Dr. Holmes was a member of the Oklahoma VMA, American Association for Laboratory Animal Science, Society for Experimental Biology and Medicine, and Oklahoma State University Emeriti Association. He helped establish and served as president of what was known as the Association of Veterans Administration Veterinary Medical Officers. Dr. Holmes authored the reference book “Clinical Laboratory Animal Medicine: An Introduction.” In 2016, the Oklahoma State University College of Veterinary Medicine named him an Outstanding Alumnus.

Dr. Holmes is survived by a son, daughter, and five grandchildren.


Dr. Keith (Iowa State ‘59), 89, Monroe, Wisconsin, died Feb. 12, 2020. A past president of the American Association of Bovine Practitioners, he practiced for 35 years at Monroe Veterinary Service, where he served as a partner and president. Dr. Keith also served as veterinarian for the city of Monroe for several years.

Active in organized veterinary medicine, he was a member of the AVMA Council on Veterinary Service and the Ethics Committee of the World Dairy Expo, and he was a past AABP delegate to the AVMA House of Delegates. Dr. Keith was a member of the Wisconsin VMA and Rock Valley VMA. In 1983, he was named Wisconsin VMA Veterinarian of the Year. In 1989, he was honored as AABP Bovine Practitioner of the Year. Dr. Keith received Iowa State University College of Veterinary Medicine's Stange Award for Meritorious Service in Veterinary Medicine in 1992.

Dr. Keith was a veteran of the Air Force. He was a member of the Lions Club and active with the Boy Scouts of America and Girl Scouts of the USA. He is survived by his wife, Careen; two sons and two daughters; eight grandchildren; and three greatgrandchildren.


Dr. Martens (Minnesota ‘56), 87, Park Rapids, Minnesota, died Oct. 9, 2019. A mixed animal veterinarian, he owned practices in Minnesota at Nicollet, New Ulm, and Mankato. Dr. Martens was a past president of the Minnesota VMA and was named MVMA Veterinarian of the Year in 1981.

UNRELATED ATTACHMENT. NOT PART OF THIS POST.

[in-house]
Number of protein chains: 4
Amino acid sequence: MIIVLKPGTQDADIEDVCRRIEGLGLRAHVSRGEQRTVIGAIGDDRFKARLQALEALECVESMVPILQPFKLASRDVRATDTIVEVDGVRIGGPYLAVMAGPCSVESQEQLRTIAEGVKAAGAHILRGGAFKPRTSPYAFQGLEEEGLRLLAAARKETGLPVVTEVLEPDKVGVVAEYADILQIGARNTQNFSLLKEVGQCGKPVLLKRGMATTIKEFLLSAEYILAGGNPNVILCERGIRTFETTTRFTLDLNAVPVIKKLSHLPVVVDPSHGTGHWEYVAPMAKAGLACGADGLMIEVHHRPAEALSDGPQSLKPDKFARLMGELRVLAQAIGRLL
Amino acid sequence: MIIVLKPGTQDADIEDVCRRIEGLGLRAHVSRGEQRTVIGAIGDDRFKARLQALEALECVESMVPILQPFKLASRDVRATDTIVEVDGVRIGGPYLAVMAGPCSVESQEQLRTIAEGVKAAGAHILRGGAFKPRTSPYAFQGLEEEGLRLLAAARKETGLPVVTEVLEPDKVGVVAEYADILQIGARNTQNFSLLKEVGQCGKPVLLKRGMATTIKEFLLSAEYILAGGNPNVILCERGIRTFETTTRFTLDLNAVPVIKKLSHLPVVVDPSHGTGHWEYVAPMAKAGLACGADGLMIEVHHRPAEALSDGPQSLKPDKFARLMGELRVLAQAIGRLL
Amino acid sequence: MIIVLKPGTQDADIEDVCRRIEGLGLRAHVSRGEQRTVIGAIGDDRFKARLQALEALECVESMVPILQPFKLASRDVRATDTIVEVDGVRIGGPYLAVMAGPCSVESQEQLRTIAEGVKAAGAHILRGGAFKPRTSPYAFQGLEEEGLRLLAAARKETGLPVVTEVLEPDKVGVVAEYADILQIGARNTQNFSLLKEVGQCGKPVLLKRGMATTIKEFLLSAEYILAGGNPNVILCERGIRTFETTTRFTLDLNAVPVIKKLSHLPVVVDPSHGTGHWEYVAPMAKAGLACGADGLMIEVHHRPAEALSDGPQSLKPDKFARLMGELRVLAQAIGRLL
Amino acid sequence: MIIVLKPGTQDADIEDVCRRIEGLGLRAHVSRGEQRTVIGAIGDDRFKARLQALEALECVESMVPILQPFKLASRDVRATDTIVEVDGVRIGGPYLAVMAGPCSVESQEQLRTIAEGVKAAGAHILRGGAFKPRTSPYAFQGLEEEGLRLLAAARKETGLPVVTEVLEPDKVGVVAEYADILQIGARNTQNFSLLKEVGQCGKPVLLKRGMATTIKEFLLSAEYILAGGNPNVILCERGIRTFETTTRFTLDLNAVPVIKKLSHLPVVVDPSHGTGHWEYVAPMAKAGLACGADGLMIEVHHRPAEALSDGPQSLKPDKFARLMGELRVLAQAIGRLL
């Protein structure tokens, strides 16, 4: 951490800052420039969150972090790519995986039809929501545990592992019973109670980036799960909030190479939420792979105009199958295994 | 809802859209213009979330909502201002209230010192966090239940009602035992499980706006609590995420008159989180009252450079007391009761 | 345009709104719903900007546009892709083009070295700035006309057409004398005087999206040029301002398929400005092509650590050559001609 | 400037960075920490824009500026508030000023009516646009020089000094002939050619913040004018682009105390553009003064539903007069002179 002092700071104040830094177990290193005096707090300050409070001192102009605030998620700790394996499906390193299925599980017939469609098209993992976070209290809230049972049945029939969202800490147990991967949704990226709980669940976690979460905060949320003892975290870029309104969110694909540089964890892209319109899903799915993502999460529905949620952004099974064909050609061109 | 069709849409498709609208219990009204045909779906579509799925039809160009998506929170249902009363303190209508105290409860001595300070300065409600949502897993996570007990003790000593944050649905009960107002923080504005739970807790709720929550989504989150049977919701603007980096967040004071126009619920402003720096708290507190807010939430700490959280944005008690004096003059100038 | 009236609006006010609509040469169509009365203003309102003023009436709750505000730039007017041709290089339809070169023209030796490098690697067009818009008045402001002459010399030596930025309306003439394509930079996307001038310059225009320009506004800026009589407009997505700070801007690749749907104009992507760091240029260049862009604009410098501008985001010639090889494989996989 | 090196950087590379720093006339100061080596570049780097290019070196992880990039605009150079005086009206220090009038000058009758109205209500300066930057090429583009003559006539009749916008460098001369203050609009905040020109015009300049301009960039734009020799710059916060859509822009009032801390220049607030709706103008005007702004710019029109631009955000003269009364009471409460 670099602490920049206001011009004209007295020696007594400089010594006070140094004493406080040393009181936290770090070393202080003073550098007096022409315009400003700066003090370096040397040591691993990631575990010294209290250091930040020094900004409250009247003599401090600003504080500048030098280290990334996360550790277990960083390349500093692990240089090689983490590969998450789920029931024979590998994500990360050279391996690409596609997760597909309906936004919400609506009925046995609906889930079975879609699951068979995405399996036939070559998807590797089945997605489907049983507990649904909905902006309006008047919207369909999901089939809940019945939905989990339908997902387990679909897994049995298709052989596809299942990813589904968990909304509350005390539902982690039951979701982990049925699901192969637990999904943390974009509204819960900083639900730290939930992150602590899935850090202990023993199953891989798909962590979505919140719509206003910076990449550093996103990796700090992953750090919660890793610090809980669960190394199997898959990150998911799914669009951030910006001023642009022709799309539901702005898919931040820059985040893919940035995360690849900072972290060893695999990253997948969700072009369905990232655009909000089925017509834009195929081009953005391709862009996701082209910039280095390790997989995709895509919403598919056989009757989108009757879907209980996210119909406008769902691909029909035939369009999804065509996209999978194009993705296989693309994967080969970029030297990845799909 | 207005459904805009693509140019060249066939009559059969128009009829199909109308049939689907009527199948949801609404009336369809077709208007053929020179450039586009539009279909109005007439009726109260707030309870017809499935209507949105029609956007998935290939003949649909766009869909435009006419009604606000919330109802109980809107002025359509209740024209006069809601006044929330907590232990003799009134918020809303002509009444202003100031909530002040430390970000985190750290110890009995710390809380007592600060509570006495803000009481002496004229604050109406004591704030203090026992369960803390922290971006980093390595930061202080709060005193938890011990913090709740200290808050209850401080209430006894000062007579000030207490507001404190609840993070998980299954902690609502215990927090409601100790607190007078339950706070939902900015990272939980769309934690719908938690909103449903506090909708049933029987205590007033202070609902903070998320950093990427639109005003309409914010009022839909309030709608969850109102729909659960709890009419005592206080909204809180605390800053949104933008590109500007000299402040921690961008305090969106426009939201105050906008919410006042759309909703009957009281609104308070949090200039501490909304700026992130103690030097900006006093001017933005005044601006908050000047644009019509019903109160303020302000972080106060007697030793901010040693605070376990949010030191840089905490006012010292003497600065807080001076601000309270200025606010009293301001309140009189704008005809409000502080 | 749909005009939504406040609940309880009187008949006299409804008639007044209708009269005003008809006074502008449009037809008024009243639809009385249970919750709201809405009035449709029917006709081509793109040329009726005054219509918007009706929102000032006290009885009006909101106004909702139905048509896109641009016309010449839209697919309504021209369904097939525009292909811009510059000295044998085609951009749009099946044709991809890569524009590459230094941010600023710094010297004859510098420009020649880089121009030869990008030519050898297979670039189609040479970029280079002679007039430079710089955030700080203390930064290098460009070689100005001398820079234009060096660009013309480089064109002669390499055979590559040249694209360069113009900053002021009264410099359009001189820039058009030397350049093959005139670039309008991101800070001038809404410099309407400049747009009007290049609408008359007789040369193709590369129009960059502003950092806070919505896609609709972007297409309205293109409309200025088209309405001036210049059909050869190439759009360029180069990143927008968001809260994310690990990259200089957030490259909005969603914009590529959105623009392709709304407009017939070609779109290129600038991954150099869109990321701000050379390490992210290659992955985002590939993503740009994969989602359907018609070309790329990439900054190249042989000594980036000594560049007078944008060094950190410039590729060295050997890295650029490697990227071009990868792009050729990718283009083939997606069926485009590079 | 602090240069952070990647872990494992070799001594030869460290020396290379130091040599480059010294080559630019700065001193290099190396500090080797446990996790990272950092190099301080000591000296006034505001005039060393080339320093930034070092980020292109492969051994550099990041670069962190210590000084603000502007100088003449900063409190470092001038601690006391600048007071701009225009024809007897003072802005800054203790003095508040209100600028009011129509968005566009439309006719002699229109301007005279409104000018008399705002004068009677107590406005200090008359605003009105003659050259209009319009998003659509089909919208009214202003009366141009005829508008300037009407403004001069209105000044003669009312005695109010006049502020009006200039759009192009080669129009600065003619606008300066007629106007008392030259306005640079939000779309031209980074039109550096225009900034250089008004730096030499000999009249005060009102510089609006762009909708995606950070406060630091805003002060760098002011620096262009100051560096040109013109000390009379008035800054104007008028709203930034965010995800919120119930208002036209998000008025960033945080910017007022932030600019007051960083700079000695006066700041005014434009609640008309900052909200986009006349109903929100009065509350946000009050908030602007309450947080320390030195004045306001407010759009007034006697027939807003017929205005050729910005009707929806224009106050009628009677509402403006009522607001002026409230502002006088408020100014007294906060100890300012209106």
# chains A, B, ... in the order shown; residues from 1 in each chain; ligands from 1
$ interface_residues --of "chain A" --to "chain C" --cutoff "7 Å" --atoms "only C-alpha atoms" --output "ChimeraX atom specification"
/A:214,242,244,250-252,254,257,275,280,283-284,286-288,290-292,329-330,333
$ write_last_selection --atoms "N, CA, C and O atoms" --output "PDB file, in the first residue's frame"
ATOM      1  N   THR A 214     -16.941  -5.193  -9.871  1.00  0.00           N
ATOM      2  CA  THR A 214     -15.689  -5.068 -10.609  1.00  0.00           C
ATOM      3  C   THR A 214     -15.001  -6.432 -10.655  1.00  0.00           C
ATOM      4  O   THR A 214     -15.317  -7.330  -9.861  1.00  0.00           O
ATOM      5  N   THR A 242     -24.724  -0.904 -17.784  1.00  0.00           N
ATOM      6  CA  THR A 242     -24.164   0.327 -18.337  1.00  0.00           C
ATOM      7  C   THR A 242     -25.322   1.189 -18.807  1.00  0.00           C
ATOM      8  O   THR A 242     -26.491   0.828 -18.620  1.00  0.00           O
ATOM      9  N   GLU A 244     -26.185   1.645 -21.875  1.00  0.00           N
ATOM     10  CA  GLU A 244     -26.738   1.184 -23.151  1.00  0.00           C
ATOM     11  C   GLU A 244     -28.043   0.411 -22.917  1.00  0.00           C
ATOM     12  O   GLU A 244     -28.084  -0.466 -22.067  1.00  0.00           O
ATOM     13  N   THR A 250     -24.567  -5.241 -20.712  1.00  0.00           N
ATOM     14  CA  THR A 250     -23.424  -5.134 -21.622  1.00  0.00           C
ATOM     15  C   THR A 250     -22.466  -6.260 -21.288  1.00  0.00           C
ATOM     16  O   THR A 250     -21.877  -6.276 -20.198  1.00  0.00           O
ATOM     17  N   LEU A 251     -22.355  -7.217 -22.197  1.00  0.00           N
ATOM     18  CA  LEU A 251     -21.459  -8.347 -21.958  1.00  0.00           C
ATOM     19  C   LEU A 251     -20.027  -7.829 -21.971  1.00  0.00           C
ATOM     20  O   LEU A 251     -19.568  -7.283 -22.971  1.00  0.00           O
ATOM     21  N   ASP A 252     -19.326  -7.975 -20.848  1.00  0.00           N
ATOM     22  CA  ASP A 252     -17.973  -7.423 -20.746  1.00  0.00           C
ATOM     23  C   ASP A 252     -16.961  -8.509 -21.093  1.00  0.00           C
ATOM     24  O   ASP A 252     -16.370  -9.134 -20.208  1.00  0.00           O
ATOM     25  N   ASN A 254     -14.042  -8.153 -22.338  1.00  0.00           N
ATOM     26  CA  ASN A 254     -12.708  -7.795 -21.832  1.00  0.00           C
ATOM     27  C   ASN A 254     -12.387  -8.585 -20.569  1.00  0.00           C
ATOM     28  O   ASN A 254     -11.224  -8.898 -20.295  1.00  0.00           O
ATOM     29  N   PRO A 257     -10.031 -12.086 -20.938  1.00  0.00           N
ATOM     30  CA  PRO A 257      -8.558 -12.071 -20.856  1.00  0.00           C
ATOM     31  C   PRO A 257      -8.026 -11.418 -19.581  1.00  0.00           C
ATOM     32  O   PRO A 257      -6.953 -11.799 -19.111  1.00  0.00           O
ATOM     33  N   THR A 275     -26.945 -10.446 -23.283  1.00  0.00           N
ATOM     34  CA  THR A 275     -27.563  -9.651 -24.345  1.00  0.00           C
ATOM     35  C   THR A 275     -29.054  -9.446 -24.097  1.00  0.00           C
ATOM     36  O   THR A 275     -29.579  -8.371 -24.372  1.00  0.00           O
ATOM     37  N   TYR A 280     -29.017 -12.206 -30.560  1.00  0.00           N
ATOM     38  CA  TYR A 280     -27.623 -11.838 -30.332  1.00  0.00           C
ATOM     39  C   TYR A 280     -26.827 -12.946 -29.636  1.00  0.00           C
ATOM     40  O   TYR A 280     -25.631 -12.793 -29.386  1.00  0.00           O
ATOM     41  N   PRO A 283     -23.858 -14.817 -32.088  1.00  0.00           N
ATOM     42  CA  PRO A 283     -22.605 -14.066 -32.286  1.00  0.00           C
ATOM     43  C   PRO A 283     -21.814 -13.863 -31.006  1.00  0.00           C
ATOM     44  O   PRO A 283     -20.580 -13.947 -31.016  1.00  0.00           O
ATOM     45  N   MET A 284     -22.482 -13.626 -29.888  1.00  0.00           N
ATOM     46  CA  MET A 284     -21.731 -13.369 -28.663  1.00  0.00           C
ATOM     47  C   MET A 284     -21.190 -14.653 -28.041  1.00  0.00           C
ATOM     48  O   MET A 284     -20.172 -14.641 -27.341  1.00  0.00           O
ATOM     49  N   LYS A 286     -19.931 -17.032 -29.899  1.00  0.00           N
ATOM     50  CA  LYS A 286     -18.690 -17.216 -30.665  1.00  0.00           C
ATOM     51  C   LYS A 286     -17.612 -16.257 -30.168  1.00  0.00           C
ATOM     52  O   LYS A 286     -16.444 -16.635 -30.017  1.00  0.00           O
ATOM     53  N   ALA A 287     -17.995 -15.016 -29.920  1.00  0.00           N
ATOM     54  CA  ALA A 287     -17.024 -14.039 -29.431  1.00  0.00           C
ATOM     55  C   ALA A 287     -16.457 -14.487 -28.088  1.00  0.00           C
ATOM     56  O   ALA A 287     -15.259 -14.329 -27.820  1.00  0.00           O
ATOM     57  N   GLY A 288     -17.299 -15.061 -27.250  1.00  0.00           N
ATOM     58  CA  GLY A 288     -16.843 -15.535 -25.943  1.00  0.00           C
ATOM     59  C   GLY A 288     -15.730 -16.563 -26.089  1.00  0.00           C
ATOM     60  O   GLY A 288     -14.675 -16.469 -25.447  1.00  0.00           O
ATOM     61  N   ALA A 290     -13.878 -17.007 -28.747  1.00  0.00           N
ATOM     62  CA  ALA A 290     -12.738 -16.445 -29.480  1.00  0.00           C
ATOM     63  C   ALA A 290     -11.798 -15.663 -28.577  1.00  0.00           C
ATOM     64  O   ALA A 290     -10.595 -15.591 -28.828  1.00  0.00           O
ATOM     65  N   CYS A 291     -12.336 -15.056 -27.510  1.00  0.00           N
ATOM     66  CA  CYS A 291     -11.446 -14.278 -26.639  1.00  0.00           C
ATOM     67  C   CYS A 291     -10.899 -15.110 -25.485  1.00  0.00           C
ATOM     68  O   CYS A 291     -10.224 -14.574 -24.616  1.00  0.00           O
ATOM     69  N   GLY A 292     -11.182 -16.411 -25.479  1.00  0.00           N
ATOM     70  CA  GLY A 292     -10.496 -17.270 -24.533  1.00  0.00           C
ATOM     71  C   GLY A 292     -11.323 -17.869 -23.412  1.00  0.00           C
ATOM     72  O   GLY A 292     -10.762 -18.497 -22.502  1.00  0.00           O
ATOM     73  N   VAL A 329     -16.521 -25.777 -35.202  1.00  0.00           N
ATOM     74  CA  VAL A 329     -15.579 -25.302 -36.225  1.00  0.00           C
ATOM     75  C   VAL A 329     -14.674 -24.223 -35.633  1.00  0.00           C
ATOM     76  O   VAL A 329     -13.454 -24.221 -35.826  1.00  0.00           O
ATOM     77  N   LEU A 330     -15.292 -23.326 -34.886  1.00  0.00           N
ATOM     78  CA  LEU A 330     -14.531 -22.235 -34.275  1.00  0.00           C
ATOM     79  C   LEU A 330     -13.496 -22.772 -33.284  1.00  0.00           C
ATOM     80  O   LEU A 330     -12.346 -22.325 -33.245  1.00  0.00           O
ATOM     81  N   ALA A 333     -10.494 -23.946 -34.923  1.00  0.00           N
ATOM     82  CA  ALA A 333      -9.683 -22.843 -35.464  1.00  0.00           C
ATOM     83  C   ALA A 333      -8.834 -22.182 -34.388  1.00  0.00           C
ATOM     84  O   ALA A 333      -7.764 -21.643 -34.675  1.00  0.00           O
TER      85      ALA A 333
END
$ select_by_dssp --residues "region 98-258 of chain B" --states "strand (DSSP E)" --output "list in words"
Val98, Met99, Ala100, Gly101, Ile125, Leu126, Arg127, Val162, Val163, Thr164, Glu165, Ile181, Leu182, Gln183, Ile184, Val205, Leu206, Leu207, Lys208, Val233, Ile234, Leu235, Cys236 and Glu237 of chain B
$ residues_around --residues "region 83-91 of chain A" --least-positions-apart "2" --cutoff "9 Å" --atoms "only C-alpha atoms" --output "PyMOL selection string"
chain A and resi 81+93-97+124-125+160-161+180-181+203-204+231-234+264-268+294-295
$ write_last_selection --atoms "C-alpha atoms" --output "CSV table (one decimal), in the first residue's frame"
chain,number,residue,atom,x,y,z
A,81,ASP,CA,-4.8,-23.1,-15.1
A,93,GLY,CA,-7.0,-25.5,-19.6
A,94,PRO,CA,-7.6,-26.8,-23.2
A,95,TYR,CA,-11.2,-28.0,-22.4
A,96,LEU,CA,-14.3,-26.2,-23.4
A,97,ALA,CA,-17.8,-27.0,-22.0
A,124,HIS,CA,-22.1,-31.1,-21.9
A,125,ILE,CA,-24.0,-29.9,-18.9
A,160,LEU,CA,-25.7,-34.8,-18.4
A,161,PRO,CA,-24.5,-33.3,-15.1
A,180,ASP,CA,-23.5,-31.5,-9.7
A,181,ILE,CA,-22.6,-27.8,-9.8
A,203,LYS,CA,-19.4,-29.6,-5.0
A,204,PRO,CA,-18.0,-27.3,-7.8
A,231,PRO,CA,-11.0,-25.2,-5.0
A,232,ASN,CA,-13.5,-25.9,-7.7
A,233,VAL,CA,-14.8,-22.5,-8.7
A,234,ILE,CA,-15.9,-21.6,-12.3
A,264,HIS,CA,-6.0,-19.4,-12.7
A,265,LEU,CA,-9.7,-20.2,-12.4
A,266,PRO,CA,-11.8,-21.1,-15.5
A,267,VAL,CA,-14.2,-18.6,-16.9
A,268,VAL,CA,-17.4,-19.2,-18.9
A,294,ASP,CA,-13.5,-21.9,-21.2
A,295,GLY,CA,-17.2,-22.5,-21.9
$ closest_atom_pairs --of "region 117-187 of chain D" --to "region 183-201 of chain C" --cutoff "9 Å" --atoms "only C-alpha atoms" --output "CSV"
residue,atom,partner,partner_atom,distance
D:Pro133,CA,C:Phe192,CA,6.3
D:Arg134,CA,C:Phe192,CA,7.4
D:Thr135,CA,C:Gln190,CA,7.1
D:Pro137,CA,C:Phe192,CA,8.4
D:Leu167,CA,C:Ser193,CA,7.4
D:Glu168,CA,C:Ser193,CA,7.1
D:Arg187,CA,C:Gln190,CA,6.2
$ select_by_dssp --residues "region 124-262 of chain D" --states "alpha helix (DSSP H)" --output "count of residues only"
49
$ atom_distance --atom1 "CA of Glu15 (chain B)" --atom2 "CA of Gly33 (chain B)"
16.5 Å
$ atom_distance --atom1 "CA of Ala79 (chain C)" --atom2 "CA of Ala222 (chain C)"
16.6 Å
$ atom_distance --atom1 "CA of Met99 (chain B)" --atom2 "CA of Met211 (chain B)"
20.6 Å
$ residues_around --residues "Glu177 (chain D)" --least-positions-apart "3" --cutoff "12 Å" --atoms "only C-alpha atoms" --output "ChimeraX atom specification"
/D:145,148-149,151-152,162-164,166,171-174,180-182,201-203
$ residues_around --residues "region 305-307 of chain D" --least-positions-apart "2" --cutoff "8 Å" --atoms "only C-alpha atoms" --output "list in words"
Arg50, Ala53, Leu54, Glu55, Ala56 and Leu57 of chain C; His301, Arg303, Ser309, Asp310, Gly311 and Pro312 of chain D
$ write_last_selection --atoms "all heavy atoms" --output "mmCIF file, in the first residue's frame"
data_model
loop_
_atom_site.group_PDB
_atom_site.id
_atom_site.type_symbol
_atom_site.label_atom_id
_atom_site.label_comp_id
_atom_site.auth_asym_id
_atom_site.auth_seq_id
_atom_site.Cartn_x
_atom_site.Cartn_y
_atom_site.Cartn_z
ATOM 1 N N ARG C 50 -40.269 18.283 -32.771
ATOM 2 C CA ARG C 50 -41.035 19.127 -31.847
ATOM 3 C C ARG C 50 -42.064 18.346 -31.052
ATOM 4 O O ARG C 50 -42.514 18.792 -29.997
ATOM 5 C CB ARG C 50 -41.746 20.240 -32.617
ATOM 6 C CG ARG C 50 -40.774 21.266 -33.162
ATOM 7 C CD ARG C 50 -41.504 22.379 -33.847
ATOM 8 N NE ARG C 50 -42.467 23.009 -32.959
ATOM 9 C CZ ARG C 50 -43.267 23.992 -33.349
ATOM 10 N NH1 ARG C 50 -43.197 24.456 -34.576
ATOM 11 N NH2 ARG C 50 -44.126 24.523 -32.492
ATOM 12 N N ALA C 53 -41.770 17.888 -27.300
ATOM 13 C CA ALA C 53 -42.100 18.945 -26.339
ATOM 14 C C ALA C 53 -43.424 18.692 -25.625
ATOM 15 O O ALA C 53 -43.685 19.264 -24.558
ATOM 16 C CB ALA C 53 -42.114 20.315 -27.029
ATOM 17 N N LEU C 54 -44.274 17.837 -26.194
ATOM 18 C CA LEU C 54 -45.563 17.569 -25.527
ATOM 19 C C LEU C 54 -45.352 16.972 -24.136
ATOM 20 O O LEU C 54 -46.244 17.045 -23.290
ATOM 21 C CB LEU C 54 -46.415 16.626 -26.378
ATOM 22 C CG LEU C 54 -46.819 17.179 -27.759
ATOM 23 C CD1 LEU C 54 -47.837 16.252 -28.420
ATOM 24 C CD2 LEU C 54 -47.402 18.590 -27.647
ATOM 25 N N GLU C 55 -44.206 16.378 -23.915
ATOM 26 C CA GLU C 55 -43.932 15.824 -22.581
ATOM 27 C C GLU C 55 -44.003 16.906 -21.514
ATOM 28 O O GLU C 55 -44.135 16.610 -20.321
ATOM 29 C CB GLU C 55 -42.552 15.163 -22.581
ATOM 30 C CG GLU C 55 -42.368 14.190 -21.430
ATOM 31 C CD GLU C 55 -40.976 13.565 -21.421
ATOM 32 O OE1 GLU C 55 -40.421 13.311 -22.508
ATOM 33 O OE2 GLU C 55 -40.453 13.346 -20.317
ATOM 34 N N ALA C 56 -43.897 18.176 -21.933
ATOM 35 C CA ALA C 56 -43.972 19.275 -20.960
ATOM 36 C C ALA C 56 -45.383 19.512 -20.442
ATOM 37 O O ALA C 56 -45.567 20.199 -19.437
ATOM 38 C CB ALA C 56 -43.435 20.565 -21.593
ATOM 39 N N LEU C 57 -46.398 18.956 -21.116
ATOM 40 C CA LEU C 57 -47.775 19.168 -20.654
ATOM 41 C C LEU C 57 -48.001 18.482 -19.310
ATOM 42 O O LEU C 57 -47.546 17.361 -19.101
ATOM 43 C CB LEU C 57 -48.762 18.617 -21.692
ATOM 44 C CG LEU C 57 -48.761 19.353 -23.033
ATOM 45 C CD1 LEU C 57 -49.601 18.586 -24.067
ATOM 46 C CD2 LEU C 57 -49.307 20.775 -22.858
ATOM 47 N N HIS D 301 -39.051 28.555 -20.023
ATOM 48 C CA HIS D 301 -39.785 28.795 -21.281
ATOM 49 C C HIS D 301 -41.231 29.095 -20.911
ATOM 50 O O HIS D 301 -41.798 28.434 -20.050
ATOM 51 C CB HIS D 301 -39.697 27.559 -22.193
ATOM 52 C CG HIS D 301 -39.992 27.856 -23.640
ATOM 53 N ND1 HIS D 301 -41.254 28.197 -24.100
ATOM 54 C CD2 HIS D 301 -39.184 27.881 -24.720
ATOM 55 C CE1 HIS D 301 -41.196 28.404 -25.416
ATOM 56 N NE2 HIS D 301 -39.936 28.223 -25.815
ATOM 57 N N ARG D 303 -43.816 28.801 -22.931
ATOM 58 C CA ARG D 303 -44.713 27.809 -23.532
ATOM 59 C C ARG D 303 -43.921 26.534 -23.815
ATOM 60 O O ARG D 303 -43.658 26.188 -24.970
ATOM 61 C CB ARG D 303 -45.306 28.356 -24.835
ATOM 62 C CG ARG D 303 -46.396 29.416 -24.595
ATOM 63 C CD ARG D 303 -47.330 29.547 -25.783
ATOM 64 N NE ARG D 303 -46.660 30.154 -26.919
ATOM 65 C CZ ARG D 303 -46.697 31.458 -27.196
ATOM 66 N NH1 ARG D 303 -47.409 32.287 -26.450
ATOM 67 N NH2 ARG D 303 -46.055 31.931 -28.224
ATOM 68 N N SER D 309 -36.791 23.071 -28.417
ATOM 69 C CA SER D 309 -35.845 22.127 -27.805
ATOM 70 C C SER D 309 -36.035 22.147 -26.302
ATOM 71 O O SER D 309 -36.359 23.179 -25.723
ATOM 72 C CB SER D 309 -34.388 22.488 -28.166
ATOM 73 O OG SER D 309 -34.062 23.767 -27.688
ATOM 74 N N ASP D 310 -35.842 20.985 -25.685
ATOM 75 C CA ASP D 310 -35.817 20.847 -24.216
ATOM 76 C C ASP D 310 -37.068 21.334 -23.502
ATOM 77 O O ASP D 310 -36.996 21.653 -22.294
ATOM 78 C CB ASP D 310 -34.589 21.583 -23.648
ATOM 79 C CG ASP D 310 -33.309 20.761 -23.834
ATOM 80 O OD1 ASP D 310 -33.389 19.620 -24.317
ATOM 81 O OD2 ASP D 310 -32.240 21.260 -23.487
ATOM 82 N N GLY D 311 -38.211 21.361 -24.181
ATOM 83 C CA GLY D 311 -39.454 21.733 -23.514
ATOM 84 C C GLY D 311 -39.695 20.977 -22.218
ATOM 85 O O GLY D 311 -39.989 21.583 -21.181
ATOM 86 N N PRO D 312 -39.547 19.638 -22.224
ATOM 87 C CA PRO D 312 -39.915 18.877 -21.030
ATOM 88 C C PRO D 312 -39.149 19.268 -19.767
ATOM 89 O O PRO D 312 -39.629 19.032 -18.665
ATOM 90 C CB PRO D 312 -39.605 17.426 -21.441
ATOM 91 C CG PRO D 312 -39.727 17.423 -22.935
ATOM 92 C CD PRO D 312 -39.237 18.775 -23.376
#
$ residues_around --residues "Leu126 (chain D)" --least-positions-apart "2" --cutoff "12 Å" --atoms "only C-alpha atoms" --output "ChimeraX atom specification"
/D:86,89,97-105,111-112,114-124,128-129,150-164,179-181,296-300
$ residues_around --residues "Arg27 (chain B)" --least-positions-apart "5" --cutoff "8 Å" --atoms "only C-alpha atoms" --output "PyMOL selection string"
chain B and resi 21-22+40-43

Active in his community, he was a past mayor of Nicollet and a past president of the Nicollet School Board and Nicollet Lions Club. Four sons, eight grandchildren, five greatgrandchildren, three brothers, and three sisters survive him. Memorials may be made to Minnesota Veterinary Medical Foundation, 101 Bridgepoint Way, Suite 100, South St. Paul, MN 55075, or Hosanna Campus Ministry Fund, Hosanna Lutheran Church, 105 Hosanna Drive, Mankato, MN 56001.


Dr. Pensenstadler (Pennsylvania ‘65), 79, Ambridge, Pennsylvania, died Jan. 13, 2020. A small animal veterinarian, he owned Ambridge Area Veterinary Clinic. Dr. Pensenstadler served in the Army during the Vietnam War. He is survived by a son, a daughter, a grandchild, a brother, and two sisters. Dr. Pensenstadler's son, Dr. Mike Pensenstadler (Pennsylvania ‘94), is a small animal veterinarian in Finleyville, Pennsylvania.


Dr. Riggs (Ohio State ‘44), 99, Mount Gilead, Ohio, died Jan. 11, 2020. He practiced mixed animal medicine in Mount Gilead for 40 years. Dr. Riggs also owned and raced Standardbred trotting horses. He was a former member of the United States Trotting Association and Ohio Harness Horsemen's Association.

Dr. Riggs served in the Army Reserve. He is survived by a son, a daughter, two grandchildren, two greatgrandchildren, and a sister. Memorials may be made to Humane Society of Morrow County, 16 S. Main St., Mount Gilead, OH 43338.


Dr. Rupp (Colorado ‘64), 79, Oak, Nebraska, died Jan. 31, 2020. From 1988 until retirement as professor emeritus in 2010, he was director of the Great Plains Educational Center in Clay Center, Nebraska. Following graduation and after completing a residency at the University of California-Davis, Dr. Rupp practiced large animal medicine in Meeker, Colorado. In 1973, he began teaching at Colorado State University College of Veterinary Medicine & Biomedical Sciences. During his tenure, Dr. Rupp earned a master's in food animal medicine in 1975, was a member of the team that created the Kimberling-Rupp spay instrument and technique, and led initial efforts to establish the John E. Rouse-Colorado State University Beef Improvement Center near Saratoga, Wyoming. From 198388, he taught at Texas A&M University College of Veterinary Medicine & Biomedical Sciences.